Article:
Scan through the fly bins of any fly shop and look at the flesh fly selection. You will probably find two kinds of flies- one will be a single hook, palmered rabbit fur fly, and the other will be an articulated palmered rabbit fur fly with a bead in the middle. Both of these flies work well, and a whole lot of trout have been caught on them. On pressured rivers, though, I try to have a bit of an edge. I usually assume trout are smarter than they may be. Some of the big trout in western Alaska can live upwards of 20 years. So, some of those trout have seen an awful lot offlesh flies in their day. The fact is that no two pieces of flesh are exactly alike. Flesh is random. The color of flesh varies by freshness, species, and the particular part of the fish from which it came. I tie this fly because I can be positive that fish have never seen my particular fly before. In other words, it's not a perfectly palmered piece of rabbit flesh.
Despite "flesh season" being the bane of some guides existence because of the endless hours of fly tying it represents (some guides will lose upward of ten flies per day on snaggy rivers), there is a fine and addictive science to flesh. As mentioned, no two pieces of flesh are alike. I break it down into three main classes. The first is natural flesh- this is usually represented by spawned out salmon that have become hung up on snags, or are simply sitting on the bottom. On some rivers, late in the season, literally the only place you can find trout is on snags that have dead salmon. Snags that don't have dead salmon on them are barren. The second instance where flesh is super important is where you have "fresh flesh". On rivers that have fishing lodges, oftentimes king, sockeye and chum carcasses will be thrown into the river as early as early June. This gives fish as much as a two-month boost of nutrients they otherwise wouldn't have. On some rivers, this fresh flesh load can add up to over a hundred fresh carcasses per day for weeks, if not months on end. While it is illegal and unethical to chum trout in, it is impossible to ignore the effect that this nutrient load has on the trout fishing. This fresh flesh provides a huge opportunity for the flesh fly fisherman: as the flesh ages in the water it quickly changes color from sushi to white. This is where trout fishermen have a golden opportunity to mimic the huge diversity of flesh in the river. Then there is side channel flesh; oftentimes small channels, some of which are low or running out of water, will have dead salmon on the bottom. Several times, I have seen salmon posted up on a single carcass, every minute or so swimming slowly up to take a bite. At such times, true "micro flesh", tied on a single size 6 OPST Swing Hook, is the way to go as it lands softly and won't spook fish in slow-moving channels. You may be able to tell that I freaking love fishing and tyingflesh. I've seen 18 inch rainbows swimming upstream with entire natural salmon carcasses in their mouths. I've had clients pull 28 inch rainbows from water that has been fished, floated and driven over hundreds of times- fish that couldn't resist a six inch ribeye- a Trash CanFlesh. There are no rules with this style of fly. I often tie it literally from scraps- the more I tie, the more scraps I have for the next fly. It's extremely simple and devastating. I hope it catches you lots of breathtaking Alaskan rainbows. - Ben Paull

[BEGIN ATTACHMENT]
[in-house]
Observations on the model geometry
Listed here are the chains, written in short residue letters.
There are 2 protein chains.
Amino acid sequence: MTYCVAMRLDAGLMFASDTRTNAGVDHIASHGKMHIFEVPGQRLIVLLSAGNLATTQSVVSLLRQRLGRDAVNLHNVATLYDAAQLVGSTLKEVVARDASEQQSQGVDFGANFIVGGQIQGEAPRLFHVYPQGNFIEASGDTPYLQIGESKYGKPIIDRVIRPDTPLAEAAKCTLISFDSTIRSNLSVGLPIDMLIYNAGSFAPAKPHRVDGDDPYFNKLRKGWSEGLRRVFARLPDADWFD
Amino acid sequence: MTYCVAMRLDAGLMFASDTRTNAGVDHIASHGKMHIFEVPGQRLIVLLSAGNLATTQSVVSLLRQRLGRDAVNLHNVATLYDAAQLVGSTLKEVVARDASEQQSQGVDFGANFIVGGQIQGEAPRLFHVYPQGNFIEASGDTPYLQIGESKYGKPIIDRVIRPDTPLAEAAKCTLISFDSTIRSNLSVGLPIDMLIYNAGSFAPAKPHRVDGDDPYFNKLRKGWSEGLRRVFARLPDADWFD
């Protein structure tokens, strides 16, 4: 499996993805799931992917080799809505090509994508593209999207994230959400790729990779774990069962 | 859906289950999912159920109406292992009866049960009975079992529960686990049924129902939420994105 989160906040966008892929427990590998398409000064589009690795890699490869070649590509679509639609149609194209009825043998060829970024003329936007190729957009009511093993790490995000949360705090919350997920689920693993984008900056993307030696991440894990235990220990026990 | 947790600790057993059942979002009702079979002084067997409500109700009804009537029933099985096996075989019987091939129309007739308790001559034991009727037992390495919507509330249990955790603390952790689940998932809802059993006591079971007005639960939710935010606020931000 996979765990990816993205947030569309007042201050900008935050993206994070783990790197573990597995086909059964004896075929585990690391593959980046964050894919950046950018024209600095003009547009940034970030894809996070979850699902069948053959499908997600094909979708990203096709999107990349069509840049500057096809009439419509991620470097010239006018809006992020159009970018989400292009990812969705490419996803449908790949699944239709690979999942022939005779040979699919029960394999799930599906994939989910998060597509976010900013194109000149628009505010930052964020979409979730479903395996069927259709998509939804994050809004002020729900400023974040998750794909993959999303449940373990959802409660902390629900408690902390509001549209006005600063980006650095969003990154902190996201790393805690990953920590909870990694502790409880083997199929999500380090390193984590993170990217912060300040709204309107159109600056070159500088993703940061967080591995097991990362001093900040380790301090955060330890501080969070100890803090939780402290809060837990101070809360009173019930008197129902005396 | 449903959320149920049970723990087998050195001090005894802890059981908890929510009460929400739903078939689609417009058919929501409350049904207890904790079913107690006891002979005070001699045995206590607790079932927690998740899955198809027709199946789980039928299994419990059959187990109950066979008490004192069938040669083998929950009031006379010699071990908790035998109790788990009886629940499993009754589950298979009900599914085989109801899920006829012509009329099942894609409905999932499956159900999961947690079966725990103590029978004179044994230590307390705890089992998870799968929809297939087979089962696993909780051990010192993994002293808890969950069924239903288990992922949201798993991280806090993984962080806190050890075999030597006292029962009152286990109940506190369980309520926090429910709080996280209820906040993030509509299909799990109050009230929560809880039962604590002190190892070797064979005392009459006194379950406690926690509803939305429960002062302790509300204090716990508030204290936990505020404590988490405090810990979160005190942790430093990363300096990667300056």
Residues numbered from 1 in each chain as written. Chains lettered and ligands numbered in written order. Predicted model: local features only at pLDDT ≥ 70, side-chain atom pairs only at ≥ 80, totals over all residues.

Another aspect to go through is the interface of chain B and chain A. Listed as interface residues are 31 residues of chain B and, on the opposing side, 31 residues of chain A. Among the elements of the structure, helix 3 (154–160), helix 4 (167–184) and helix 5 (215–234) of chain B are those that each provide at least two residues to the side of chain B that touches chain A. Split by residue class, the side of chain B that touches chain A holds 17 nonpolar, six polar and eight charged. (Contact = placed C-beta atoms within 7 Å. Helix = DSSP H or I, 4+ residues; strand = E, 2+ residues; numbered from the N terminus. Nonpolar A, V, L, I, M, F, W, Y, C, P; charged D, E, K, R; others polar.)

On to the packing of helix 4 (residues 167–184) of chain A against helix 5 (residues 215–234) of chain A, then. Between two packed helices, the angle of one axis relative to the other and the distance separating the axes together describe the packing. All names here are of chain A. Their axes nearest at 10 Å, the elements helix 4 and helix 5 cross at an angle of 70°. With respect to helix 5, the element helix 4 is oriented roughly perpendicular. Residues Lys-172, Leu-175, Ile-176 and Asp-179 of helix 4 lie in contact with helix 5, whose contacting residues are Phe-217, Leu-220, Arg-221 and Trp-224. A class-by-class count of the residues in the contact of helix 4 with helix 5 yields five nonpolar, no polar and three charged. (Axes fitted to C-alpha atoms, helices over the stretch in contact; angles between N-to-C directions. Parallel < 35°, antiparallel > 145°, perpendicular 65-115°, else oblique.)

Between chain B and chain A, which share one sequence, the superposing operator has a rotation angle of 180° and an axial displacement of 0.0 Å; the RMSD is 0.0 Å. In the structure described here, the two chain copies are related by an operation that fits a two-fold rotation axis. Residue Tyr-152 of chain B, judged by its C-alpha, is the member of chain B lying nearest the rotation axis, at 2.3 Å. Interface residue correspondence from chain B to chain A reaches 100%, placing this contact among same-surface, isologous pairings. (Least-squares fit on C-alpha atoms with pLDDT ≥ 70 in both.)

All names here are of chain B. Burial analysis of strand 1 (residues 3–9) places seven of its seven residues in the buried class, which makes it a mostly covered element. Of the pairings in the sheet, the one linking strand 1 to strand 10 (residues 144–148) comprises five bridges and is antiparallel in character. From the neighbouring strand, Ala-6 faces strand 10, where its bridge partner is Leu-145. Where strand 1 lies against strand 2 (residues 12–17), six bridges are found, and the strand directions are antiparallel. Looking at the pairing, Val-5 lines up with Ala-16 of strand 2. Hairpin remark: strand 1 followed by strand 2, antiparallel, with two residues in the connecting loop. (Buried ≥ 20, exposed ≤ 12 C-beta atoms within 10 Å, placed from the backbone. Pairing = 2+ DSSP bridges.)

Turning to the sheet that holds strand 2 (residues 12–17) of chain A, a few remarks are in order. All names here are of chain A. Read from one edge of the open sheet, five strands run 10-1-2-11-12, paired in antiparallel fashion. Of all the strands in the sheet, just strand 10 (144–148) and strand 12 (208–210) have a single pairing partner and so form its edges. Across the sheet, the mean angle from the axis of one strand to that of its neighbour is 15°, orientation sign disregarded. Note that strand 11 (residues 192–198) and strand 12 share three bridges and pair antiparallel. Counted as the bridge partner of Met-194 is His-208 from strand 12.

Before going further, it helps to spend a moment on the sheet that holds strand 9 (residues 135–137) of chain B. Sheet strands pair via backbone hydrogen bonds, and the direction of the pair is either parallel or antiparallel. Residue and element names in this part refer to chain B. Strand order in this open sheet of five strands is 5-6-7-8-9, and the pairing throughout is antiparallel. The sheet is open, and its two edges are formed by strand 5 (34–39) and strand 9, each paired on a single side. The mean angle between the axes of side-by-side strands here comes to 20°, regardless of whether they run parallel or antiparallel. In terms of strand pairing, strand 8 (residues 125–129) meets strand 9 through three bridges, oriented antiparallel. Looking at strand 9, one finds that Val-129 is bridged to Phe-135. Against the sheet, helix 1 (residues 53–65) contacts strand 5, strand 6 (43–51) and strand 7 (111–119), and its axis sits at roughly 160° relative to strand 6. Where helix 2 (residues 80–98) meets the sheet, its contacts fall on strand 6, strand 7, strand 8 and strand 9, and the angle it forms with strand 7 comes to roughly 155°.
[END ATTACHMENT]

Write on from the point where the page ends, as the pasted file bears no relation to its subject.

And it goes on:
Step 1. Secure the dumbbell eyes onto a 20 mm or 45mm OPST Shank. Lash down a length of OPST Trailing Hook Wire, just long enough to fit a size 4 OPST Swing Hook (test this length beforehand). Put the wire through the hook eye and back down the shank just in case, because you really don't want to lose the biggest rainbow that swims in many Alaskan rivers.
2. Prepare a dubbing loop about 6 inches long and set it aside for now, back along the vise.
3. Make another dubbing loop about the same size, and put a bunch of Shrimp Pink Ice Dub in it, and spread it out evenly.
4. Spin the dubbing loop and brush it out. Wrap evenly over the shank. You can either leave spaces between wraps, or not. It doesn't matter. Wrap forward to the shank eye and tie off.
5. Lay down a jumbled mess of marabou in a 4-5 inch line. On top of that lay down some Predator Wrap (don't overdo it, you don't want the fly to be too flashy), and a half dozen or so strands of white ostrich. I like to incorporate the butt ends of the marabou and even the stems- they look like bones.
6. Pinch the mass of materials together and put it in a dubbing loop. Then spread out the materials somewhat evenly.
7. Spin the dubbing loop and pick out the materials. You can also brush them roughly- breaking the marabou fibers adds to the fleshy look.
8. Wrap the materials forward, leaving spaces in between wraps so the underbody shows through as a fleshy glow.
9. Wrap to the shank eye and whip finish. Add your size 4 OPST Swing Hook and go fish the snags.